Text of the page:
• The achievement of students at grade 8 is very low in that 29.5% (28.7% male & 31.7% female) of 2001 (2008/09) of grade national examination dropped and were not successful to be promoted to grade 9
  • adult literacy rate is currently only 7.96 % (4.61 of women & 10.75 % of men) compared with the national average of 41.0%, were as total Literacy in the region was estimated at 45 percent in 2009.
  • Among the total primary school-age (Age 7-14) children, 10-20% is estimated to be children with special needs which are not given much attention in all education system of the region.
  • High dropout and high repetition rate specially girls.

Pure drinking water:

The current safe water supply coverage is estimated to be around 44% with 1,980,000 beneficiaries.

- Less than 10 per cent of the population gets drinking water from their own tap and less than 30 percent gets water from a protected well or spring.

Health sector

  • The Crude Death Rate of the region is estimated to be 9.80 per 1000 population.
  • Life expectancy at birth (LEB) of males and females is 58.7 years and 55.4 years respectively, while it is 53.4 and 55.4 at national level.
  • The Infant Mortality Rate (IMR) is estimated at 27.0 per 1000 LB while the Child Mortality Rate (CMR) is 93 deaths per 1000 LB.
  • The maternal mortality (MMR) rate is estimated at 672 per 100 000 live births.
  • The potential service coverage for health posts and health centers in Somali region are estimated 71% and 73% respectively.
  • Contraceptive prevalence rate of the region is estimated at 7%.
  • Antenatal care coverage is 30%
  • delivery attended by skilled birth attendants is 13%
  • The HIV prevalence rate of the region is estimated 0.9%

Agriculture and livestock development:

  • Livestock health coverage is 50.6 percent, with the livestock population per veterinarian and per clinic being 10,760.6 and 738,781 head respectively.
  • The population of livestock per animal health post is similarly 82,660 animals
  • Of the total 160,500 hectares under crop production currently in the Region, 110,500 hectares (70%) is under rain-fed cultivation and the remaining 50,000 hectares (30%) under irrigation.
  • increasing frequency of droughts, leading to loss of assets, production and income and increasing acute and chronic food insecurity
  • Severe land degradation, worsened by population growth, land competition driven by political and food aid pursuits. This contributes to limiting productivity.
  • Absence of rural credit facilities and lack of access to financial institutions in most parts of the Region.
  • shortage of skilled human resource, funding and agricultural inputs, leading to shortfalls in resources required to address the needs of the sector

The Somalis in Somali region are traditionally nomadic pastoralists, and have been so for centuries. Life and survival revolves around livestock, with people constantly moving about in the interests of their livestock. Where I make a living, there is my home, says a popular Somali proverb. Being a plentiful livestock owner is a show of wealth and prosperity and connotes high social status, whereas farmers have often been viewed as inferior and poor people. Pastoralists traditionally move their herds around sizable areas in search of water and grazing land, often moving with their families and clan members. Until recently there were relatively lucrative markets for livestock accessible to pastoralists, primarily in the Arabian Gulf states, which meant transporting the animals through Djibouti, Somaliland or Somalia. However, as discussed below, drought and regulation have substantially limited access to these markets, contributing to the gradual shift towards agro-pastoralist activities.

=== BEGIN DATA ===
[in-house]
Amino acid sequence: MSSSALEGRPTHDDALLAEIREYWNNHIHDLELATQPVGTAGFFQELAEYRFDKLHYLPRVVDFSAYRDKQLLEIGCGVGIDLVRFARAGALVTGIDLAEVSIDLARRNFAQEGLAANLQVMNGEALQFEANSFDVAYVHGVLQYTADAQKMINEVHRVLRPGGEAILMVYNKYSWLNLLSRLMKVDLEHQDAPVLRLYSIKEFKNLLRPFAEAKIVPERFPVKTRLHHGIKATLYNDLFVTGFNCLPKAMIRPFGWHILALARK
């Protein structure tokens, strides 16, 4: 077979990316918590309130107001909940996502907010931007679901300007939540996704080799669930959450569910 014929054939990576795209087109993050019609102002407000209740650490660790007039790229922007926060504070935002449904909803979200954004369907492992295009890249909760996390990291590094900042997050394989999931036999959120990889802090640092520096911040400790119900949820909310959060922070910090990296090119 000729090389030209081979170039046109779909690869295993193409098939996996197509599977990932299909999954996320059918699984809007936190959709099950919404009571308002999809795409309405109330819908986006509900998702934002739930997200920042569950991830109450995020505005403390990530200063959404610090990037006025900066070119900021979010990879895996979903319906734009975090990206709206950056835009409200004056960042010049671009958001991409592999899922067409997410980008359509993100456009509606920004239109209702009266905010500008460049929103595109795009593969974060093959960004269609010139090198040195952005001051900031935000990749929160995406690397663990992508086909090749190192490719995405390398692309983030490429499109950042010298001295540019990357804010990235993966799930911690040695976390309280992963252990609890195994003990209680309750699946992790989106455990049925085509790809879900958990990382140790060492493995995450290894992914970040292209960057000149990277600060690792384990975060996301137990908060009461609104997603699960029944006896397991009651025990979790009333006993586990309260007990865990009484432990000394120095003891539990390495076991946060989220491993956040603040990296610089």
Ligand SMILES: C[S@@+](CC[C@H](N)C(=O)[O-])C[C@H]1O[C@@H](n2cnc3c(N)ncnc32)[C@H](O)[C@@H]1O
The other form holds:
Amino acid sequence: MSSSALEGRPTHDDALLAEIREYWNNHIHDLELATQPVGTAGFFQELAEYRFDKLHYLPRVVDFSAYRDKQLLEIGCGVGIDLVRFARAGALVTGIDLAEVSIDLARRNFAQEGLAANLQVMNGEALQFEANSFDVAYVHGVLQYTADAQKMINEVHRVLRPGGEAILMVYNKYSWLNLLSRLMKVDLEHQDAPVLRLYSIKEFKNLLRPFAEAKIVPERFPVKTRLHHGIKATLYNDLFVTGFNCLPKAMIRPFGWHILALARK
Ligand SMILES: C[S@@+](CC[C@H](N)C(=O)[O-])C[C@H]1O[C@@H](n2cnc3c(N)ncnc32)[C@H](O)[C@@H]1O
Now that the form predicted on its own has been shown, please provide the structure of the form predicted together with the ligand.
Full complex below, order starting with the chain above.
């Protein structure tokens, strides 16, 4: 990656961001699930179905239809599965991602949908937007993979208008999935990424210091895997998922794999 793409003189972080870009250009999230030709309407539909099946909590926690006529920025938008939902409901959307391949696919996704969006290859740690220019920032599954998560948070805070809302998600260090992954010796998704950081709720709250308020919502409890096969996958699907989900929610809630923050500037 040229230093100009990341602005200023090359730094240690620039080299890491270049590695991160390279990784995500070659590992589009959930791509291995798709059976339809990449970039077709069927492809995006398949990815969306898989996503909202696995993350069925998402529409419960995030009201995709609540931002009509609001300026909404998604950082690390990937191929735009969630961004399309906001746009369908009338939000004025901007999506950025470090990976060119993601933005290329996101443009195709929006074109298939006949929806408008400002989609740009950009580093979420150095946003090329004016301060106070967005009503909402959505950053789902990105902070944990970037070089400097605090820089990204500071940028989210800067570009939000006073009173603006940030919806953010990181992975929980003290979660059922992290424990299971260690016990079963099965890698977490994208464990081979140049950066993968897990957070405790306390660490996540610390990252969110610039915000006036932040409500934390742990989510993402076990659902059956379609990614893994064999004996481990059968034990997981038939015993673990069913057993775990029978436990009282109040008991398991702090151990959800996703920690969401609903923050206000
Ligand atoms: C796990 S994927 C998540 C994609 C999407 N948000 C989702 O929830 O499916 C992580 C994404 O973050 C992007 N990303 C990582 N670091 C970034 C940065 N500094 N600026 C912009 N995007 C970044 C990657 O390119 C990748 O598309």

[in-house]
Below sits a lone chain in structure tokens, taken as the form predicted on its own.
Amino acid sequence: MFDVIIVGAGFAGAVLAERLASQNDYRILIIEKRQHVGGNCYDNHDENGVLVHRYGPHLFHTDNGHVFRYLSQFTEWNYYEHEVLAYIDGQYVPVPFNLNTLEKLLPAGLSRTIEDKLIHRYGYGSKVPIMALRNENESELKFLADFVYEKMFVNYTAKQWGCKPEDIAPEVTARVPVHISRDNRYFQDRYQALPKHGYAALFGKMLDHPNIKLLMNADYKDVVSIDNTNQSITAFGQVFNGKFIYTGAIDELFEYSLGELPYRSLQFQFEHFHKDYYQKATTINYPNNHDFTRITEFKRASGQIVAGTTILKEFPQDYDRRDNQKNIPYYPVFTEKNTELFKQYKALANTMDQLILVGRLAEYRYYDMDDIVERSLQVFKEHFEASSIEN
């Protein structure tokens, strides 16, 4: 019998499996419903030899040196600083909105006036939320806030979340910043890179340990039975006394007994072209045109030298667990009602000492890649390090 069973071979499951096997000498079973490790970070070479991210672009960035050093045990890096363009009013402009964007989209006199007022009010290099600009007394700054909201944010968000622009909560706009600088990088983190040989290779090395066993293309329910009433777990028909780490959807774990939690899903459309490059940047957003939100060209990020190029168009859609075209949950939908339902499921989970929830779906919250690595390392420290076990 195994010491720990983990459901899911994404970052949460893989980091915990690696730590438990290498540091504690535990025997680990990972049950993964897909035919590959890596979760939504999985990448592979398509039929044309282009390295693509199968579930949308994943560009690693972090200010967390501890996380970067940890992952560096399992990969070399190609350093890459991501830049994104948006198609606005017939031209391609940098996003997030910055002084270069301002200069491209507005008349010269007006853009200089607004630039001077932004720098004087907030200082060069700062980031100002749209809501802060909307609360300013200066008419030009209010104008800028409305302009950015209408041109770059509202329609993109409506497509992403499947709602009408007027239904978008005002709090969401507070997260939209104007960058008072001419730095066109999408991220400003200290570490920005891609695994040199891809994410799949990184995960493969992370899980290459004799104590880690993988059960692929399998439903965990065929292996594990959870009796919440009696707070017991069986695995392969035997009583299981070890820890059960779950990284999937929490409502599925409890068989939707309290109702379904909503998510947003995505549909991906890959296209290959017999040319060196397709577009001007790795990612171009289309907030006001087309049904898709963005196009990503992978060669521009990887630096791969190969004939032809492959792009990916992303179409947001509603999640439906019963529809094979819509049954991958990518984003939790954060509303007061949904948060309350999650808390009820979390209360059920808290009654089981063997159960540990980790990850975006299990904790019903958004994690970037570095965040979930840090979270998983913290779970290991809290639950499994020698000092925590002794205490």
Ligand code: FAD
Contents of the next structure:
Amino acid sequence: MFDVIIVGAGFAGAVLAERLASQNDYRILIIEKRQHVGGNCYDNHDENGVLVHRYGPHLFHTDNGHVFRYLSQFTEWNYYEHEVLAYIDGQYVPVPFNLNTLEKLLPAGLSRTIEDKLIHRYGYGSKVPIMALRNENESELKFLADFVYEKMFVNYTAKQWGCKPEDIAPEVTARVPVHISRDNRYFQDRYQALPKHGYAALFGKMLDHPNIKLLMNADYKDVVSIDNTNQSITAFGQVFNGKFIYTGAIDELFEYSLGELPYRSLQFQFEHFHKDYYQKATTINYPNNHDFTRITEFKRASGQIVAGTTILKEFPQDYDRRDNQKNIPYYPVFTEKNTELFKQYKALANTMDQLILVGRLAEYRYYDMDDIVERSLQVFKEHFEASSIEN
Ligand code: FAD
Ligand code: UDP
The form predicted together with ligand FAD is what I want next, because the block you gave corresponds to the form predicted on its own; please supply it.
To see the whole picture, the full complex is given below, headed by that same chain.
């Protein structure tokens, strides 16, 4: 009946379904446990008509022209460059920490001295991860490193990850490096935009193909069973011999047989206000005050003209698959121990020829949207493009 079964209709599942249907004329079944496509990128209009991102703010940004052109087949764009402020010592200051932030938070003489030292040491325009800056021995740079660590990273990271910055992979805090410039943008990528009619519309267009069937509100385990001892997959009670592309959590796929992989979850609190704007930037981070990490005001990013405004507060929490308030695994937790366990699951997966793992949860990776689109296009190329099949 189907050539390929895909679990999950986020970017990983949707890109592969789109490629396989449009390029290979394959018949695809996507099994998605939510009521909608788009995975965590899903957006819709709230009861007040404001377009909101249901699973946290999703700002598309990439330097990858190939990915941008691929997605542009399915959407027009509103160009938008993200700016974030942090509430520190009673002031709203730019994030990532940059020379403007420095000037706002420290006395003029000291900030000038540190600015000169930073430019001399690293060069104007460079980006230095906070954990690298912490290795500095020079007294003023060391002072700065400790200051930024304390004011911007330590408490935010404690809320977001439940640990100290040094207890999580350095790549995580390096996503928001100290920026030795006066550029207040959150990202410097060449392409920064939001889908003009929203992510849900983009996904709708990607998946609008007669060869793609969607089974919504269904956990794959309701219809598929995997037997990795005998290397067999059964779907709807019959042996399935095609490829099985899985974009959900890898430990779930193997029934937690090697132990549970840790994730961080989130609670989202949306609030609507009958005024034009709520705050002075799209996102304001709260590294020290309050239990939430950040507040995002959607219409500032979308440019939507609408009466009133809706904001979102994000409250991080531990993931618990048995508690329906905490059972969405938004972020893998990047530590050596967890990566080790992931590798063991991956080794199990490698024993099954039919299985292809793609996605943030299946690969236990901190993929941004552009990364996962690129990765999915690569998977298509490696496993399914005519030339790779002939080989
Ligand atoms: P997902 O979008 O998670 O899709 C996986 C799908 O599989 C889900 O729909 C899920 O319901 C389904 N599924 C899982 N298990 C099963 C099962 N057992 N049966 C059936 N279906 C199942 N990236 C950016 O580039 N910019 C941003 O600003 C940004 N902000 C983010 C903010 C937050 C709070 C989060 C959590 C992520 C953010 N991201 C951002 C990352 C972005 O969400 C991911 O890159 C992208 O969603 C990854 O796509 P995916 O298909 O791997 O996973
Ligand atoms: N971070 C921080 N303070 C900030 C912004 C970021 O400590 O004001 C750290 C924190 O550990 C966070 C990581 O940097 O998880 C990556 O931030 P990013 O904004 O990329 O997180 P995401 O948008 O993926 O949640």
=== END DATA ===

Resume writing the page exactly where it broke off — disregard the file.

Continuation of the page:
Given the dominance of pastoralist and now agro-pastoralist activities, individuals and communities are extremely dependent on rainfall. There are two primary rainy seasons throughout most of the region, the gu (long rainy season) from March to May, and the dayr (Short rainy season), from October to December. During these rainy seasons people make every effort to collect water in wells and storage containers for their family and animals to consume during the dry season. But over the past two decades these rains have become increasingly unreliable; there were major droughts in 1984-85, 1994 and 1999-2000 (during which pastoralists claim to have lost 70-90 per cent of their cattle). The region recently experienced what some elders call the worst drought ever, and the international community is rallying to respond. However, UN notes that the defining characteristic of rainfall in Somali region is its variability from year to year and there is no evidence that the recent sequence of localized droughts represents a permanent decline in average rainfall.

Therefore, NGOs should focus their activities at contributing to the countrys development endeavours than relief assistance and handouts. To do that they are expected to have a clearly designed Action and action plans showing where the organization is going over in one or more years, how it is going to get there and how it will know if it got there or not. A well-formulated action plan helps the organization to know where it is now, what it wants to achieve in the future and how to reach there. To provide appropriate solutions to these and similar questions, SAAD-Ethiopia has designed strategic plan sustainable and integrated Action development plan in line with the governments Action development plan.